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Home Brew Forums > Home Brewing Beer > Fermentation & Yeast > Estimating Yeast Cell Counts in Fresh Starter
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Old 02-17-2013, 01:04 AM   #61
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Originally Posted by tagz View Post
Great thread. I have a question about Woodlands latest blog post. Hope you don't mind me tacking it on here. Woodland discussed an equation showing the number of cells produced as a function of sg and fg. Seeing as most people pull their starters after 24 hours, are we not getting the optimal number of cells out of our starters? I assumed most reproduction occurred during the lag phase, but the numbers seem to indicate that reproduction chugs along until you hit fg.

Also, I've never really measured the sg of my starters. Do most starters hit fg after 24 hours?
It would be good to hear what others think about this as well.
(here is a direct link to the post for anyone interested: http://woodlandbrew.blogspot.com/201...nction-of.html )

This is something I have been investigating and am working on some posts that might help illuminate some of this. In short, it's dependent on a number of factors, but given some constraints you can get a pretty good estimate. For a starter propagated at room temperature with an inoculation rate of about 50 million healthy cells per ml and a gravity of about 10°P (1.040) It takes about 4-6 hours for propagation to begin. In the first 24 hours half of the cells are generated. By 48 hours nearly all of the cells have been generated.

Feel free to comment on the blog with questions directly related to it. I'm normally pretty quick about replying.
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Old 02-17-2013, 03:48 PM   #62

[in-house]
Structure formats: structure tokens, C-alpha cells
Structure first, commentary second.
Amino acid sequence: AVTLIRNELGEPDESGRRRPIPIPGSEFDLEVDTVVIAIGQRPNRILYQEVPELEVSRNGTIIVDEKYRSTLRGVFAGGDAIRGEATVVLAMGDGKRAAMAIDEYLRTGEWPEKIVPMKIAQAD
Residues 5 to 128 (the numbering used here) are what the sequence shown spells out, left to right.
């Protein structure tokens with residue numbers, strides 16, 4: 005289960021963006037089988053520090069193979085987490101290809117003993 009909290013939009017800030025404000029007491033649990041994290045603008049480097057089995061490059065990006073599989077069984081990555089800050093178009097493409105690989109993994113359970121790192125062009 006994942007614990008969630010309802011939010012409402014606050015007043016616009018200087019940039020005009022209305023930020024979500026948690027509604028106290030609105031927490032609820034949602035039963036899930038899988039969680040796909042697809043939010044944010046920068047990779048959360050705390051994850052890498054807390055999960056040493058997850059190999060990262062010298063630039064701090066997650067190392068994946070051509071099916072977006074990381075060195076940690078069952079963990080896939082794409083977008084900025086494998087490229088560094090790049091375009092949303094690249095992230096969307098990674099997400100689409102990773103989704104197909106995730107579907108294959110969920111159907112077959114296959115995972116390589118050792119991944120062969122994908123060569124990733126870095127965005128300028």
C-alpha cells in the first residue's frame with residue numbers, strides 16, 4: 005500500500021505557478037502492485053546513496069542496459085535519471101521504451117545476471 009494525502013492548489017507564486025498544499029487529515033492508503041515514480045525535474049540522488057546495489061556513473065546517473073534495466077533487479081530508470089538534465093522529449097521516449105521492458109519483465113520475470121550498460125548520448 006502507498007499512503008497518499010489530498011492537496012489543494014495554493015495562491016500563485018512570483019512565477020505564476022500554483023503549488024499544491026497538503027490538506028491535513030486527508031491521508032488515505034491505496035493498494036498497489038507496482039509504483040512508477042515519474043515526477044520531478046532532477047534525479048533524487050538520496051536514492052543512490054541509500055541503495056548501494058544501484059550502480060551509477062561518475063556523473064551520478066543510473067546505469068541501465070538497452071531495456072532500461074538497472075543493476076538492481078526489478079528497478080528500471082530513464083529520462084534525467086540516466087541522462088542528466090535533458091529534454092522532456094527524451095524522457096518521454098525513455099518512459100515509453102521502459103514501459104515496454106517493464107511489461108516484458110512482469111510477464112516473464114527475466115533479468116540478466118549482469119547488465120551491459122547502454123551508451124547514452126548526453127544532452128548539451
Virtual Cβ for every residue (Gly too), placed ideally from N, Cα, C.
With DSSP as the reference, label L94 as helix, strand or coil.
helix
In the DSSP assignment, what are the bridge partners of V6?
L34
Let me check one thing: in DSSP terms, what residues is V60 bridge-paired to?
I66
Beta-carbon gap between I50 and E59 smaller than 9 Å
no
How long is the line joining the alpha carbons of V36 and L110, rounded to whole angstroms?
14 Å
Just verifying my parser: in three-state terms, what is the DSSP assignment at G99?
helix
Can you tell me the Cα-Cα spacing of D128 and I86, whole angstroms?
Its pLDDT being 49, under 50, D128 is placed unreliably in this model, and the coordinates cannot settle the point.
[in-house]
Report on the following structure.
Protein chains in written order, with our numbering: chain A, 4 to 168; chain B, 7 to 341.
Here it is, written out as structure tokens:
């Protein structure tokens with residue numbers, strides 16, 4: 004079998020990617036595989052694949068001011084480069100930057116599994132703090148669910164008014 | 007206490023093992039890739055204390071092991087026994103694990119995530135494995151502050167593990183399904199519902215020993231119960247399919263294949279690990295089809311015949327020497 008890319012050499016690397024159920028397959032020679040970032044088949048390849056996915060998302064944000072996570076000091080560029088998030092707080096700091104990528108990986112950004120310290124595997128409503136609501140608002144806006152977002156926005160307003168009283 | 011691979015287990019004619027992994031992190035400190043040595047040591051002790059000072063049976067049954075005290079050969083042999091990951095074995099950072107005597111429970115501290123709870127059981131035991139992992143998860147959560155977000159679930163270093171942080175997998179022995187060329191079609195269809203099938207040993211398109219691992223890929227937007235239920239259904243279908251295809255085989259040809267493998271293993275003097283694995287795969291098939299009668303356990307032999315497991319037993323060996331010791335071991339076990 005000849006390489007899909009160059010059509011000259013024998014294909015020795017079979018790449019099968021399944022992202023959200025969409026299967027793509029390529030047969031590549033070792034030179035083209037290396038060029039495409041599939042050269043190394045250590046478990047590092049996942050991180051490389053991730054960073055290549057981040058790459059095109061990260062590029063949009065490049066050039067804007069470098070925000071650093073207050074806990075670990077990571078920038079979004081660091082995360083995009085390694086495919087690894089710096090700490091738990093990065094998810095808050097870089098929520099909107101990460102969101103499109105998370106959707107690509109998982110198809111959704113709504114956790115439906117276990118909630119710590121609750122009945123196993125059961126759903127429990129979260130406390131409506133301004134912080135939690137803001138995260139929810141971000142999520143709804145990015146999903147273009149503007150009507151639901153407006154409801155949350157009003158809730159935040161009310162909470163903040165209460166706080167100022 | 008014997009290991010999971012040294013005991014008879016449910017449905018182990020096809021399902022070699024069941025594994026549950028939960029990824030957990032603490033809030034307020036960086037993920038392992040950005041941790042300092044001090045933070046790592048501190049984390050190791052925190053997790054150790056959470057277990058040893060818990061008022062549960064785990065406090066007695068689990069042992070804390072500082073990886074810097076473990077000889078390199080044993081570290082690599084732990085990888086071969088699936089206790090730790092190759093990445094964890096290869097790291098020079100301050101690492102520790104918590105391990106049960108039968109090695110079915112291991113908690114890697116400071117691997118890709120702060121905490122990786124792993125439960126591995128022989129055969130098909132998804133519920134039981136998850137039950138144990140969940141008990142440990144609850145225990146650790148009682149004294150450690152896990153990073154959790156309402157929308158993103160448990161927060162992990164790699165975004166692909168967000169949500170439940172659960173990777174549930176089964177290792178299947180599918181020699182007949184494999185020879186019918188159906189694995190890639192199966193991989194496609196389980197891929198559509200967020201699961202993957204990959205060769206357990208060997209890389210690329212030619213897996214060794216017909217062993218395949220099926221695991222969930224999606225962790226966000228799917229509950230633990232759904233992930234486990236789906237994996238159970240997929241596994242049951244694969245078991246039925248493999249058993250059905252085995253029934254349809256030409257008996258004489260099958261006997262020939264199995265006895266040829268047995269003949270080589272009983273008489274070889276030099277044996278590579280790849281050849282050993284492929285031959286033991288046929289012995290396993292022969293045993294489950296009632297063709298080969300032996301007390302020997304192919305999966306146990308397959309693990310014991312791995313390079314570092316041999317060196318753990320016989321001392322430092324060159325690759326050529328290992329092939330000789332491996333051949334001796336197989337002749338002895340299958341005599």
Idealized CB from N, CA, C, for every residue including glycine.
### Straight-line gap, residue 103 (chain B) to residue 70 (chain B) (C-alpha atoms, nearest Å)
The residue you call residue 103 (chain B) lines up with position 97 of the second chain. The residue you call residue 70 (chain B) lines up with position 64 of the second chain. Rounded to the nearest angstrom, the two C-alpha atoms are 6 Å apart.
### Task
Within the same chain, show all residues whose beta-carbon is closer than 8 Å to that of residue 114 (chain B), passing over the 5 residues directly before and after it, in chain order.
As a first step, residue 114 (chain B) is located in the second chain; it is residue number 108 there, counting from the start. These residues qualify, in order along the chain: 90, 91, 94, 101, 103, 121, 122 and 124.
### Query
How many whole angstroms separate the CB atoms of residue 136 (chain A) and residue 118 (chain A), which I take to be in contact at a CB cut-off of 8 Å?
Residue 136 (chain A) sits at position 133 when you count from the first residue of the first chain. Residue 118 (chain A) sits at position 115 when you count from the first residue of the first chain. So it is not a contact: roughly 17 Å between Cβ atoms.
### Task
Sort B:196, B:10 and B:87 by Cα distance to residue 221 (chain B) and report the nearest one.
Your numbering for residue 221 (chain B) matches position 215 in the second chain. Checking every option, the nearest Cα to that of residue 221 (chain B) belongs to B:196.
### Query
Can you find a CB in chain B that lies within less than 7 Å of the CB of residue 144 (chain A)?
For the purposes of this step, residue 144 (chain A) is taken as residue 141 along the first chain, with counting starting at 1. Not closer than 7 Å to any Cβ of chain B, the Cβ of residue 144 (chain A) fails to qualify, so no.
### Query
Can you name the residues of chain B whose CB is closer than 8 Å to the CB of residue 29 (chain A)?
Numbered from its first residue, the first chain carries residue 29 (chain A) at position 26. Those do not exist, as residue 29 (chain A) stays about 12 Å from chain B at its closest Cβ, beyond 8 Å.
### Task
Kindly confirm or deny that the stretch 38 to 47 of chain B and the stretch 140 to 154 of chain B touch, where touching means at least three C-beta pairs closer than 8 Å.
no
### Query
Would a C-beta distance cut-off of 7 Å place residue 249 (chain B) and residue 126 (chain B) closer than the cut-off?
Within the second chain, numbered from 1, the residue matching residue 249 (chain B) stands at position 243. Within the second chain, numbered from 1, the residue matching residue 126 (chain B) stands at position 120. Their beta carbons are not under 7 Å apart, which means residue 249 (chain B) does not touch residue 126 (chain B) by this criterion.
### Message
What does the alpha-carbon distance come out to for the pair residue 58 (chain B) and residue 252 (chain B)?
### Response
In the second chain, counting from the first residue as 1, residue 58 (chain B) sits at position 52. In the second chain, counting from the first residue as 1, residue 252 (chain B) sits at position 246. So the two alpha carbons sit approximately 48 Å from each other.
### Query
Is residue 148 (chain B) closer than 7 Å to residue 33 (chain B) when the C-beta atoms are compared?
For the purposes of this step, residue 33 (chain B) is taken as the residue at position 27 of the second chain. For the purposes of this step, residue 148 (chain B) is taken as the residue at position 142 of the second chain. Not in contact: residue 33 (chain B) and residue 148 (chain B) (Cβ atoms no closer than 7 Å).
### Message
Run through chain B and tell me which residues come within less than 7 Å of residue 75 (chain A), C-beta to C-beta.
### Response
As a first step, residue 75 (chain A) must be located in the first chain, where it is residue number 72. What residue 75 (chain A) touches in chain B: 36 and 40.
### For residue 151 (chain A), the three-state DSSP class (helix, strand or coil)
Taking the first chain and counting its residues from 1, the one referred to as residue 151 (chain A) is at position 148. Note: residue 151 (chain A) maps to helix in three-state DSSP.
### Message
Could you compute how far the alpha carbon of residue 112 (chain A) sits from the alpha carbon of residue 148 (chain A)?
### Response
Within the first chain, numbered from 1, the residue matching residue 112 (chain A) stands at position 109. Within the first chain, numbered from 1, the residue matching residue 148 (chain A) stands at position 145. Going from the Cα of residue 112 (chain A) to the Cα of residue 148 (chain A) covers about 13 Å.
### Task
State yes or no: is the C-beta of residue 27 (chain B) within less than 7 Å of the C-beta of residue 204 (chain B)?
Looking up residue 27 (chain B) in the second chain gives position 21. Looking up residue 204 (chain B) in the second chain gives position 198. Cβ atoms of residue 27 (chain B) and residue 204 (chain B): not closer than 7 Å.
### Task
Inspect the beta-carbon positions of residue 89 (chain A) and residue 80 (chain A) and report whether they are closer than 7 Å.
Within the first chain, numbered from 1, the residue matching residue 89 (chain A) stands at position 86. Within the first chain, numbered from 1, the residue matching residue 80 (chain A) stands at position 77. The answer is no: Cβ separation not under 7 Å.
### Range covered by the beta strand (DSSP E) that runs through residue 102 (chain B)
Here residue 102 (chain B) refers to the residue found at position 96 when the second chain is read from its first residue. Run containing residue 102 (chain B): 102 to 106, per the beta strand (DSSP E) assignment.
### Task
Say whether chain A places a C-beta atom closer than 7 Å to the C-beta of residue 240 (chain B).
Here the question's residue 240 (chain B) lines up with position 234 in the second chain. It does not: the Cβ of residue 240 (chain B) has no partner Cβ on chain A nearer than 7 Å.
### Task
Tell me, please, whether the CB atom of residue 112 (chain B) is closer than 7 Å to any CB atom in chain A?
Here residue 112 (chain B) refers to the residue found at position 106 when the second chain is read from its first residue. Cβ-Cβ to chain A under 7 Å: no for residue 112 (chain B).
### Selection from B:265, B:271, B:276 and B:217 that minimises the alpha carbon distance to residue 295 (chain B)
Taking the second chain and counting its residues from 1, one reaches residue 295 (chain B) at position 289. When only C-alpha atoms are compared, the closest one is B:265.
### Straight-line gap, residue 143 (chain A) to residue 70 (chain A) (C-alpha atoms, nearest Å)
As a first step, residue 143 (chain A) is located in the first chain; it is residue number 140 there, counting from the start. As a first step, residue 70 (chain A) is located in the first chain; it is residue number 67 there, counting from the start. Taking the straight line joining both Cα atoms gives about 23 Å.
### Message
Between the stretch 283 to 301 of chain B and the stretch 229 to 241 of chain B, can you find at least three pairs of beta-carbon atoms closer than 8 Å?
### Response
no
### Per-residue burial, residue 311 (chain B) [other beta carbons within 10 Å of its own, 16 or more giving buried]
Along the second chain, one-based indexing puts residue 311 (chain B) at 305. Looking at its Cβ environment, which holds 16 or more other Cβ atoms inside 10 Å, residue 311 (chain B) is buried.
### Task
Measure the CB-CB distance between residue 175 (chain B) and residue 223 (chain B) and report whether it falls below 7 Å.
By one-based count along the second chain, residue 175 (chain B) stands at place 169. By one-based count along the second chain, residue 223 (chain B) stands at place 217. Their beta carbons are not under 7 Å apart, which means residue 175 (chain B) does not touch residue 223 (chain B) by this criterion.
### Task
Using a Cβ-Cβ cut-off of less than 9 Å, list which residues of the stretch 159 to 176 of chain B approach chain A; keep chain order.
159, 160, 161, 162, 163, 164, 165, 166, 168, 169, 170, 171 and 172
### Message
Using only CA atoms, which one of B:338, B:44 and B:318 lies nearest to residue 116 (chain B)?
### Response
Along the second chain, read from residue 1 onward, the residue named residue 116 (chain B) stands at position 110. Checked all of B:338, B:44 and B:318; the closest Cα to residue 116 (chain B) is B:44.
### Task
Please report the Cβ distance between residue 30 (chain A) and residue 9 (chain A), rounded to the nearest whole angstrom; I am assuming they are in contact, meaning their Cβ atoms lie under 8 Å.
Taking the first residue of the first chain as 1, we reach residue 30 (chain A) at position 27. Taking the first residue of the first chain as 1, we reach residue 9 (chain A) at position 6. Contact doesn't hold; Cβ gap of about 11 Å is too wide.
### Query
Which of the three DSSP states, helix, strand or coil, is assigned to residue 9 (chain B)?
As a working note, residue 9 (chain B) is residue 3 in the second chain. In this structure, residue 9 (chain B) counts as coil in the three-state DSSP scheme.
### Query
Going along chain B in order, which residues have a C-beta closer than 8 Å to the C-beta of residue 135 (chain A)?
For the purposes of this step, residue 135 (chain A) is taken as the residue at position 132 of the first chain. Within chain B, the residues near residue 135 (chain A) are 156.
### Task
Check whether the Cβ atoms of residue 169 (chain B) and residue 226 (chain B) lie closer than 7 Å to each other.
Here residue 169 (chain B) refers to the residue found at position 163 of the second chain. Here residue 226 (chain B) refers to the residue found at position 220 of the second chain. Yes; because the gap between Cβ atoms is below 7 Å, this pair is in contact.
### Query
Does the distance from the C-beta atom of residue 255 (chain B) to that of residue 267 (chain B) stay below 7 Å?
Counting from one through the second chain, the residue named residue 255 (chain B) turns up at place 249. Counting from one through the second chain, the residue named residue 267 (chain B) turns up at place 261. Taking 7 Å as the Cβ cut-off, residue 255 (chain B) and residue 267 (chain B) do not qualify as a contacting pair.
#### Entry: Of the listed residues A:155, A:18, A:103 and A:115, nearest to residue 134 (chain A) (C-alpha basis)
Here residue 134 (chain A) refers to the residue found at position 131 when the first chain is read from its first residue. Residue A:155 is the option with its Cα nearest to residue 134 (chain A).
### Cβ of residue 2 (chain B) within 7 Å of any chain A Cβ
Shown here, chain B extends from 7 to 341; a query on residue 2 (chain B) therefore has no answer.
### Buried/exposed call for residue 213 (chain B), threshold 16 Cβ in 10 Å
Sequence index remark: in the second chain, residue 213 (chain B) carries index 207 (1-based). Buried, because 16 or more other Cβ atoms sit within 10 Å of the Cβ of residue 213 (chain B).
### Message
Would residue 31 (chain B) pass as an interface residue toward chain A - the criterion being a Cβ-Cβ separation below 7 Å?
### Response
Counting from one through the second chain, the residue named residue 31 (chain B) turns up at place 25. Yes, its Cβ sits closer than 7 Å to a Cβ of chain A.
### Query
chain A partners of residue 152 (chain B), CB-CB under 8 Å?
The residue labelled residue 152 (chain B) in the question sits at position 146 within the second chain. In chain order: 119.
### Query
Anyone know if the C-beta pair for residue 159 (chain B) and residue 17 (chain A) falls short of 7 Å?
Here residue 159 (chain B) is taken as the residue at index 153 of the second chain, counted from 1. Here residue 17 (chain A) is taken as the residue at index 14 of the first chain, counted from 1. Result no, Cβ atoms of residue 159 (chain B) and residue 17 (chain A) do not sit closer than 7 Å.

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Seeing as most people pull their starters after 24 hours, are we not getting the optimal number of cells out of our starters?
This is very yeast strain-dependent and also yeast age-dependent. Some strains grow fastest that others; and the aging of culture also influence the generation of new cells in a short time (older cells = more time in starter)

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I assumed most reproduction occurred during the lag phase, but the numbers seem to indicate that reproduction chugs along until you hit fg.
Yeast division occurs during exponential phase and not during lag, which is an adaptation phase to new culture conditions. Long lag phases indicate that the yeast initial culture is too old or that starter conditions are not adequate (too much high/low temperatures, too much high/low SG of wort, etc...)
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Old 02-25-2013, 12:31 AM   #63
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It would be great if this entire thread were rewritten with everyone using the same order of magnitude definitions. Preferably based on base 10 and exponentials as defined a few thousand years ago.

(10^6 as a "million," 10^9 as a "billion," etc, etc....)


Cheers!

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